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    Emily St. John Mandel 9780385353304

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Cellophane

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Cellophane Cover

 

Synopses & Reviews

Publisher Comments:

Don Victor Sobrevilla, a lovable, eccentric engineer, always dreamed of founding a paper factory in the heart of the Peruvian rain forest, and at the opening of this miraculous novel his dream has come true — until he discovers the recipe for cellophane. In a life already filled with signs and portents, the family dog suddenly begins to cough strangely. A wild little boy turns azurite blue. All at once Don Victor is overwhelmed by memories of his erotic past; his prim wife, Doña Mariana, reveals the shocking truth about her origins; the three Sobrevilla children turn their love lives upside down; the family priest blurts out a long-held secret...

A hilarious plague of truth has descended on the once well-behaved Sobrevillas, only the beginning of this brilliantly realized, generous-hearted novel. Marie Arana's style, originality, and trenchant wit will establish her as one of the most audacious talents in fiction today and Cellophane as one of the most evocative and spirited novels of the year.

Review:

"Arana, author of American Chica and editor of Washington Post Book World, revisits her native Peru with a tale as bawdy, raucous and dense as the jungle whose presence encroaches on every page. Arana's first novel depicts a family — and a country — on the fulcrum between the old ways and the new, between feudalism and revolution. At the height of the Great Depression, paper engineer Don Victor Sobrevilla pitches his small empire where the trees are — in the heart of the rain forest — constructing a highly successful paper factory and a vast hacienda, Floralinda, far from the political centers of Trujillo and Lima, linked only to the outside world by the dangerous and unpredictable Amazon. When, in 1952, Don Victor discovers the formula for cellophane, his household is afflicted with a 'plague of truth,' a compulsion to confess their most shameful histories and most hidden yearnings, to make their stories as transparent as the paper itself. When desires are laid bare, so are the conflicts that the family has kept hidden for so long, resulting in interlocking quests for power. The novel's broadly comic first half makes the story's violent culmination even more harrowing. (June 27)" Publishers Weekly (Starred Review) (Copyright Reed Business Information, Inc.)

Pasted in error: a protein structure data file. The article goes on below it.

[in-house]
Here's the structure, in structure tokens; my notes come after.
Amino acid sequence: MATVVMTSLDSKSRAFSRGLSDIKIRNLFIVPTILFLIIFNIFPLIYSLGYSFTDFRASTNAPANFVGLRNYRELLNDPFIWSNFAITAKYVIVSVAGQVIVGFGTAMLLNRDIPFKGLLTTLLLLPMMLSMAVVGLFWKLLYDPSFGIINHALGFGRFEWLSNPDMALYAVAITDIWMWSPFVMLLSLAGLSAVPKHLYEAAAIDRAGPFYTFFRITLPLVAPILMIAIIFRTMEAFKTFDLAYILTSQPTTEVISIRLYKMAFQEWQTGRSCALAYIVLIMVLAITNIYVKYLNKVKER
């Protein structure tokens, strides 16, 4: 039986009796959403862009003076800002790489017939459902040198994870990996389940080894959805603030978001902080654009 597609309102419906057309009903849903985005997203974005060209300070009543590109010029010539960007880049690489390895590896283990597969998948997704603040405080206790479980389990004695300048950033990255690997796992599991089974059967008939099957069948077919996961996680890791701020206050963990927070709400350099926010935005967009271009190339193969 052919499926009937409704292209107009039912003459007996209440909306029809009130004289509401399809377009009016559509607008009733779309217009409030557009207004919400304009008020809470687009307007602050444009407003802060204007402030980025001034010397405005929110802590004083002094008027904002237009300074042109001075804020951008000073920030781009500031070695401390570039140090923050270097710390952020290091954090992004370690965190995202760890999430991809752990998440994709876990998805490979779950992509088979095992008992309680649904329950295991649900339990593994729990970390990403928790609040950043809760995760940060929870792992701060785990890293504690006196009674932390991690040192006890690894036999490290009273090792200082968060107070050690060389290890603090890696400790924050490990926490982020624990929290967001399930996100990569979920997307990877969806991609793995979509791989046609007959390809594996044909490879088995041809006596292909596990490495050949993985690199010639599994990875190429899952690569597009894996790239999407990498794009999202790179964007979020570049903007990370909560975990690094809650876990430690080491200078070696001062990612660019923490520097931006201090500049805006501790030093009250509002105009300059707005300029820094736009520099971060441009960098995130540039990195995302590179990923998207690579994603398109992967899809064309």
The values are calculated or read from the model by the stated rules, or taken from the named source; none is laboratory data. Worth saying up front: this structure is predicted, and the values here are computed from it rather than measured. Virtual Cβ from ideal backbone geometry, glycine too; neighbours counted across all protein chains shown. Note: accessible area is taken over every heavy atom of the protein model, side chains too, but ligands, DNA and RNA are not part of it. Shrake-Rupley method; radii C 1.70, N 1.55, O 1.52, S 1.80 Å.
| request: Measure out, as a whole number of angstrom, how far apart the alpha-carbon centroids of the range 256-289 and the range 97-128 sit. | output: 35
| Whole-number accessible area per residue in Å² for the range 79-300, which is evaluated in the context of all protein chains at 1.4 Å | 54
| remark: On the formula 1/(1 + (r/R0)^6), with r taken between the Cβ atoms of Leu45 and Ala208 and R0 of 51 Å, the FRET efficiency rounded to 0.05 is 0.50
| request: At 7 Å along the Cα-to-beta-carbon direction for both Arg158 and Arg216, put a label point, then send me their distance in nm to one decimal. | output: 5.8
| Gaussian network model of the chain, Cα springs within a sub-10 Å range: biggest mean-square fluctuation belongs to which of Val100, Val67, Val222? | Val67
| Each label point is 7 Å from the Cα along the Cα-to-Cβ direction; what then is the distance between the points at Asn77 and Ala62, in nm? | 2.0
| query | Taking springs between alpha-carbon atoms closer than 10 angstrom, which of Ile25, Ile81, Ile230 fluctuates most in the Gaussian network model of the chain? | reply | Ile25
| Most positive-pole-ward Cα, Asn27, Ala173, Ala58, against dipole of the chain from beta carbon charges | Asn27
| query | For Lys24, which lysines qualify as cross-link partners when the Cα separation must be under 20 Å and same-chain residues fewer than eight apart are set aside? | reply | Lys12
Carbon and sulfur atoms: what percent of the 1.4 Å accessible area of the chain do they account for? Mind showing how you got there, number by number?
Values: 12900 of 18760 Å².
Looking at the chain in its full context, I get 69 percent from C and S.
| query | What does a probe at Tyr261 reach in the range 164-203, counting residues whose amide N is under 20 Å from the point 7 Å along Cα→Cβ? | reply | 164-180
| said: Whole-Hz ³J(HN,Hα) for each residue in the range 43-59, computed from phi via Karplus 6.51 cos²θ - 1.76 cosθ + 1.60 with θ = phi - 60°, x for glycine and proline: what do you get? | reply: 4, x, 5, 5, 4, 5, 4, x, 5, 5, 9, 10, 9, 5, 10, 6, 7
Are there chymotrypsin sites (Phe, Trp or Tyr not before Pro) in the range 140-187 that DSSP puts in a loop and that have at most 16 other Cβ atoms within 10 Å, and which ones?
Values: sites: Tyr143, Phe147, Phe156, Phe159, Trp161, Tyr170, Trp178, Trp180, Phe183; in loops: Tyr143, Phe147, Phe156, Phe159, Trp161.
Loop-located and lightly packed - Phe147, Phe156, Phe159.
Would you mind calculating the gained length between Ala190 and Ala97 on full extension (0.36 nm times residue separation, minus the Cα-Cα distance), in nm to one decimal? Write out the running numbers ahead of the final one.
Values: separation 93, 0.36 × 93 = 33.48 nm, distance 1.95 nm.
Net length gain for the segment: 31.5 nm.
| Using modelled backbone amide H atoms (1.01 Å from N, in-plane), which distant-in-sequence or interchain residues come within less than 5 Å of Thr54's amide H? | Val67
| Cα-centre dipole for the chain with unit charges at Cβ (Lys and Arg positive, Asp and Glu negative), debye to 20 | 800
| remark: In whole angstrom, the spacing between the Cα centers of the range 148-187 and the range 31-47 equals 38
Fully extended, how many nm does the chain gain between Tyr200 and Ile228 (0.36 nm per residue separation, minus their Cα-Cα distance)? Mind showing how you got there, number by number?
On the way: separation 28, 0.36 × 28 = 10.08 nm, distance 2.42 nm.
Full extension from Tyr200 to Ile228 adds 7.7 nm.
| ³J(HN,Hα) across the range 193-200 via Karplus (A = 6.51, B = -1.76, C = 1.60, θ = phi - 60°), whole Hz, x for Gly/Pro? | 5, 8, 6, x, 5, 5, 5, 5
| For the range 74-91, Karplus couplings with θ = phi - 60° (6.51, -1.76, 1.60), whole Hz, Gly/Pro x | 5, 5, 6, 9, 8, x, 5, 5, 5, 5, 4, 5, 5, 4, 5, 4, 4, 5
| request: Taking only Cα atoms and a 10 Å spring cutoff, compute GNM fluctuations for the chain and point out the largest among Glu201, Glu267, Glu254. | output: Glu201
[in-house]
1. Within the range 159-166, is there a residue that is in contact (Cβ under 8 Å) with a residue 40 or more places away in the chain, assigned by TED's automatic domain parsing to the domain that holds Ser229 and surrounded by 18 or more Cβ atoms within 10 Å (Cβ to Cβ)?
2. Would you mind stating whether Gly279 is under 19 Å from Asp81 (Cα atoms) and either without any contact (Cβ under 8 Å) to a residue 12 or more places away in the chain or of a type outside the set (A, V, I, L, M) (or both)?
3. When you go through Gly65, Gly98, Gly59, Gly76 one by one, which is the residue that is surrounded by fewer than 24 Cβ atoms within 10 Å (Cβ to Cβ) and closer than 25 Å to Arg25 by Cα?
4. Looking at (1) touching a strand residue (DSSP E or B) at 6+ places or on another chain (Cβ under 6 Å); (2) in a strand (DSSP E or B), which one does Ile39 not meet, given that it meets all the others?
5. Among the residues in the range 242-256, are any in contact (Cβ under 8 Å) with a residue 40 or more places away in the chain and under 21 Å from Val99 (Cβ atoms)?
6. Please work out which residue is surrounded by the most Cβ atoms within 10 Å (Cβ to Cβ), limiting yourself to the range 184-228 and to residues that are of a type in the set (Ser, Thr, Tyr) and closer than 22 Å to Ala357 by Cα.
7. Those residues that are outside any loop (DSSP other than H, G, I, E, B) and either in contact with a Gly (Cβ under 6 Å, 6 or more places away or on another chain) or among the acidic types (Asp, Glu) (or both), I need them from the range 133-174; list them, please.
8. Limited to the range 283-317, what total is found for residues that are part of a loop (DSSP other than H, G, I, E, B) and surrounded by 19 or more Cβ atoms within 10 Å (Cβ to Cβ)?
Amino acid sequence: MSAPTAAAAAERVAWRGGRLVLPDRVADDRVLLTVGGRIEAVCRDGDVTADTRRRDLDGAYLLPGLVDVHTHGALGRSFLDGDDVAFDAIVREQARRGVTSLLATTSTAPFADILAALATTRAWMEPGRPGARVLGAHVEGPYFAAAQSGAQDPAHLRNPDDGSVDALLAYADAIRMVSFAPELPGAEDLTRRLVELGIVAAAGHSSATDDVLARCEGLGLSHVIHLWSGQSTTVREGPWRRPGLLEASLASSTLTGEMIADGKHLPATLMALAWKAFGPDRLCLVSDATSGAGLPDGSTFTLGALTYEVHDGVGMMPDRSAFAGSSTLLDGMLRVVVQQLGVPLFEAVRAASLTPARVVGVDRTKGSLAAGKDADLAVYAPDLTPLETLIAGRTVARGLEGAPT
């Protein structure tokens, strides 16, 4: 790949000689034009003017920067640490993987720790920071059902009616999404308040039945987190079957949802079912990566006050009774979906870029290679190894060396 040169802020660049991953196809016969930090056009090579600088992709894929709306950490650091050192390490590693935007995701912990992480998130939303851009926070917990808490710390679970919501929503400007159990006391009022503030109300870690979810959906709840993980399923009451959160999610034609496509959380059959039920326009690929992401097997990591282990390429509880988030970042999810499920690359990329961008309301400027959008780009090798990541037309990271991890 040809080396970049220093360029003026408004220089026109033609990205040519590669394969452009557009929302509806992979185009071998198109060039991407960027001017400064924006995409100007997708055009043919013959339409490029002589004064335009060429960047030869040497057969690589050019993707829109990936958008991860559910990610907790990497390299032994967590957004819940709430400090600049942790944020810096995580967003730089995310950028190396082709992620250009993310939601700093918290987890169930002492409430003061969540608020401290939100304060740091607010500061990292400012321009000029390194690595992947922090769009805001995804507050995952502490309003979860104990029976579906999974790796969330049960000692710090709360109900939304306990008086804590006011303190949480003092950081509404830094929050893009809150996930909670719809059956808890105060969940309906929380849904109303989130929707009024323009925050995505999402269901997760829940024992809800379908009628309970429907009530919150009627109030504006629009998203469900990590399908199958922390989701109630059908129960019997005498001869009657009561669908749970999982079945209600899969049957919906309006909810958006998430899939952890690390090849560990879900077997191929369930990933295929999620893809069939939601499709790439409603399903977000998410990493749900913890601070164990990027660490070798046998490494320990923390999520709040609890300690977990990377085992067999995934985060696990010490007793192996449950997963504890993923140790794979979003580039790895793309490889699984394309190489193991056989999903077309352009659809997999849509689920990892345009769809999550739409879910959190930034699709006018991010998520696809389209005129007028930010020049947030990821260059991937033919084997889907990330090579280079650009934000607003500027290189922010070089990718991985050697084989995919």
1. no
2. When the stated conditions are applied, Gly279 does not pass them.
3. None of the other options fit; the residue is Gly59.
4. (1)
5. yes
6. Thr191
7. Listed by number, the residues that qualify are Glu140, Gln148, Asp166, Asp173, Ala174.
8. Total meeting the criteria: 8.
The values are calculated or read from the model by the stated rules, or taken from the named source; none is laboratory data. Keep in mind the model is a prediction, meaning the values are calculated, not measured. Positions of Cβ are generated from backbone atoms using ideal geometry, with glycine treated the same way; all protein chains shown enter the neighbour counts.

Review:

"Peruvians who live in the coastal cities inherited their fear of the Amazon from the Incas, who mistrusted both the vast, impenetrable green monster of the jungle and the ever-shifting brown serpent that flows sluggishly through its heart. They built their temples and cities in the highest, driest places, free from mosquito bites and spider webs. Europeans settlers added a crude moral dimension, believing... Washington Post Book Review (read the entire Washington Post review)

Review:

"Memorable fiction....Arana brings a freshness to the style that is all her own, elegant and lyrical but at the same time sparse, and no doubt enriched by a vocabulary infused with the rhythms of her two languages." The Miami Herald

Review:

"Arana's writing is both lush and funny...This is a great book." People

Review:

"Exuberant and virtuosic....Conflict takes on a teeming array of forms in Cellophane: whites versus natives, religion versus magic, feudalism versus revolution. It's a vision of the rain forest as a place where every strain of human drama grows as tangled as the encroaching vines — and in depicting this, Arana has wound her themes together with an energetic, subtly controlled wildness."San Francisco Chronicle Books

Review:

"Rich in themes, symbolism, conflict and character....It's also, for those who just want a good tale, a brilliant piece of storytelling that combines magical realism in the tradition of writers such as Gabriel Garcia Marquez with comedic looks at human foibles and misunderstandings a la Shakespeare's A Midsummer Night's Dream." The Fort Worth Star-Telegram

Review:

"Marie Arana's sumptuous, often erotic and wholly enchanting novel, Cellophane....owes a debt to the magical realism of Gabriel García Márquez and Isabel Allende....A superb example of the magic that a gifted storyteller can work with ink and paper."Los Angeles Times Book Review